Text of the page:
The social virtues of the Japanese are nurtured in the family.  As can be gleaned from the literature in the internet about Japanese child rearing practices, the Japanese have traditionally approached childrearing as one would care for a plant that requires careful nurturing, watering and pruning for it to grow.  Their “shitsuke” discipline is aimed at developing good manners and courtesy through repeated instruction and practice.  This instruction is imparted by several generations since three or more generations often live in the same household.  Japanese parents drill into their children from the start to always think of people and act accordingly, to help keep the peace, above all. Parents are determined to pass on their values to their children.  Despite the rapid industrialization and modernization that the Japanese society has undergone, the human virtues related to courtesy and refinement have been sustained from one generation to another.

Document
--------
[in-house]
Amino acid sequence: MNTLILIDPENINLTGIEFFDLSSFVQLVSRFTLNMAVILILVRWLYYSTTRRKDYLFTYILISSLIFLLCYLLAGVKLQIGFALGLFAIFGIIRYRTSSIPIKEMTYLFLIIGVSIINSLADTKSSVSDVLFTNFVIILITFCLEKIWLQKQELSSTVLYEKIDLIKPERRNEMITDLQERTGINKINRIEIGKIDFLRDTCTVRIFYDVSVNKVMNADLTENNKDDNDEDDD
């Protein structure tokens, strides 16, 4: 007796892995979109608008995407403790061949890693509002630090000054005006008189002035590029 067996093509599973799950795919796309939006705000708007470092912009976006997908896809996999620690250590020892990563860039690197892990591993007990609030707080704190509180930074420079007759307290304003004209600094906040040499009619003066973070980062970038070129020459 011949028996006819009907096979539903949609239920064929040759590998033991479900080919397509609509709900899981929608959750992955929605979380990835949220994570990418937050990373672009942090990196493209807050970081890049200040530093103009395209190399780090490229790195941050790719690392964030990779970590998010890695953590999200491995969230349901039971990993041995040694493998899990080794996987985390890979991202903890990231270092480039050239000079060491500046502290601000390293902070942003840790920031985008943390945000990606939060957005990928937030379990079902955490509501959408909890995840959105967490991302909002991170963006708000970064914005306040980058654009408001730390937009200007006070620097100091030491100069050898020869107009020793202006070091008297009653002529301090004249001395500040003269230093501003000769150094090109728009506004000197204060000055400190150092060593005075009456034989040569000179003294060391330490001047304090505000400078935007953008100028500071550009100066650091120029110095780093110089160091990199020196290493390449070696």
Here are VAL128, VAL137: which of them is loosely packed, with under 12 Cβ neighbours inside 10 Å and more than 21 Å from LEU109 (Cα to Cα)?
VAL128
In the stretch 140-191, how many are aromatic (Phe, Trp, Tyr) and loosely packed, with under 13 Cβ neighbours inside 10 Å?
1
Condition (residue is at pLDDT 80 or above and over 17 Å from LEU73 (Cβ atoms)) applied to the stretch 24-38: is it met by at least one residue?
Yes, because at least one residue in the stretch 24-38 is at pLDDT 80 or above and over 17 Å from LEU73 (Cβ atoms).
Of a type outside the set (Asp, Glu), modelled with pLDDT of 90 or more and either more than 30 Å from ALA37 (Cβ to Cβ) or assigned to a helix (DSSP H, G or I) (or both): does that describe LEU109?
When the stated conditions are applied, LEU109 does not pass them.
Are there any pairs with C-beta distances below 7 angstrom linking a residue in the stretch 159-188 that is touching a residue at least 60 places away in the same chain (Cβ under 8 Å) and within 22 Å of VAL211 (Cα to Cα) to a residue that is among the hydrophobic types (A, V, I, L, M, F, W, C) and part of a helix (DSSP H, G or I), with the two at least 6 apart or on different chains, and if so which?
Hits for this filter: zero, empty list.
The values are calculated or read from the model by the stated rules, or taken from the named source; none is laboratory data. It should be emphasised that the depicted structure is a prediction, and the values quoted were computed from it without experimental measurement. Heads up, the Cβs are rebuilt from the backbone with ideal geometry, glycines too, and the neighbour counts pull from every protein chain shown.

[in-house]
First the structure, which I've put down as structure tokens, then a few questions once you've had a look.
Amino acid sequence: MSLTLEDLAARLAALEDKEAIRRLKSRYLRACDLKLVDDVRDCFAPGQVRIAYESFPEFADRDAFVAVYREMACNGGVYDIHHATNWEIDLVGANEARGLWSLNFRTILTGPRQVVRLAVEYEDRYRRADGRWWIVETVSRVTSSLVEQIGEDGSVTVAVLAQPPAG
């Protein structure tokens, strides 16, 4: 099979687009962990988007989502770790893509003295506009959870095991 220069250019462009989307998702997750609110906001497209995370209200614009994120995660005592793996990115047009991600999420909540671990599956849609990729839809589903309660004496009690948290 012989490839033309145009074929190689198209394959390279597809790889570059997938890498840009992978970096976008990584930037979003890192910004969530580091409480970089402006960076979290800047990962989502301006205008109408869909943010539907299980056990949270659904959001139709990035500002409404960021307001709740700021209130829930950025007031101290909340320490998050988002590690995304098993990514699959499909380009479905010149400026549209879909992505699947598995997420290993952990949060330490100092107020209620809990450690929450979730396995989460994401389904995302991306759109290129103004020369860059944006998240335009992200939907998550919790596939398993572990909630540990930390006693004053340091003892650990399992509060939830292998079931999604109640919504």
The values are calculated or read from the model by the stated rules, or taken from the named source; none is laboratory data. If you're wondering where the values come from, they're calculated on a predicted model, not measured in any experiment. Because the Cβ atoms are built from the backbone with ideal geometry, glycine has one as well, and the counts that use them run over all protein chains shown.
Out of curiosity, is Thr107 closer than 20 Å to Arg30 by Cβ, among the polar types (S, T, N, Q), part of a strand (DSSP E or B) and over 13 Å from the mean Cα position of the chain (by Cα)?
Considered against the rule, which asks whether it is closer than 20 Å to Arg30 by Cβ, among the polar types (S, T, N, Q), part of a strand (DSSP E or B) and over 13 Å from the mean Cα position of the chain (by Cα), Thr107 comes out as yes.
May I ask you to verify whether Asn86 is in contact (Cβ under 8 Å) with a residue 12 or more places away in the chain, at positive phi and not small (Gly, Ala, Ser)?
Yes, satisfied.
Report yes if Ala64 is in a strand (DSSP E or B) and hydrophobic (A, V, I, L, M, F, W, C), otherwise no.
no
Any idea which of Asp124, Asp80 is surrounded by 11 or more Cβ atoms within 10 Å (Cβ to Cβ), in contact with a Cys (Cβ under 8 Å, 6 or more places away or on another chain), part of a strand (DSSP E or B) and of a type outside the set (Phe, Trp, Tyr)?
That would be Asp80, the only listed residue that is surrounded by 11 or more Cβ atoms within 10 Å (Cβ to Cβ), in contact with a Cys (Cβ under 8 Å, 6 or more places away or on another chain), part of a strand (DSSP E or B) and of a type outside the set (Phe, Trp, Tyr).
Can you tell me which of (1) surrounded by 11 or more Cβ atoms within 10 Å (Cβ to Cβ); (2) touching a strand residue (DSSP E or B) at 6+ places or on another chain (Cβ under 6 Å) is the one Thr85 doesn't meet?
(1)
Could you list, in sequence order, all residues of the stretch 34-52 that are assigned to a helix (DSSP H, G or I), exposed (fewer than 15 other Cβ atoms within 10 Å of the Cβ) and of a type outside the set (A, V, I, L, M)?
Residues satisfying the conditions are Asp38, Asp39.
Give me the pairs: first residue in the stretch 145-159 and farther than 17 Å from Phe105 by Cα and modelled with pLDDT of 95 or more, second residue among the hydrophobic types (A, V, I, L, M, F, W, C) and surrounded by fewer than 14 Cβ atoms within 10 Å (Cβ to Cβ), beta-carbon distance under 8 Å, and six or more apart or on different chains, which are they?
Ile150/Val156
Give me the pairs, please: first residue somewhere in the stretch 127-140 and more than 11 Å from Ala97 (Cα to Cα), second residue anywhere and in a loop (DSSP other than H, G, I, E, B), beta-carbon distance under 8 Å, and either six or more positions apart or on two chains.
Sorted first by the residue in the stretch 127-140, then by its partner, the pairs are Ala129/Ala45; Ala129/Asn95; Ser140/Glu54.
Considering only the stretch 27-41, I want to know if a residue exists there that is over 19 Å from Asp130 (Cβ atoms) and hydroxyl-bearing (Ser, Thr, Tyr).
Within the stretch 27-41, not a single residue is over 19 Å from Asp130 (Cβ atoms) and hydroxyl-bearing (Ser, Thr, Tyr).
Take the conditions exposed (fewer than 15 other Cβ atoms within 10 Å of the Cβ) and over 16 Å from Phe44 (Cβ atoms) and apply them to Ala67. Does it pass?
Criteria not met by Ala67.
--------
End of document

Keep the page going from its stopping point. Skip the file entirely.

This traditional practice in Japanese families follows closely what Pope Francis wrote in his encyclical “The Joy of Love.”  Under the heading “Family Life as an Educational Setting,” the Pope stresses that the first school of human values, where we learn the wise use of freedom, is the family.  We have also seen this in traditional Filipino families from all social levels.  Certain ways of behaving develop in childhood and become so deeply rooted that they remain throughout life, either as attractions to a particular value or a natural repugnance to certain ways of doing things.  As the Pope wrote:  “Many people think and act in a certain way because they deem it to be right on the basis of what they learned, as if by osmosis, from their earliest years:  ’That’s how I was taught,” “That’s what I learned to do.”  In the family we can also learn to be critical about certain messages sent by the various media.  Sad to say, some television programmes or forms of advertising often negatively influence and undercut the values inculcated in family life.”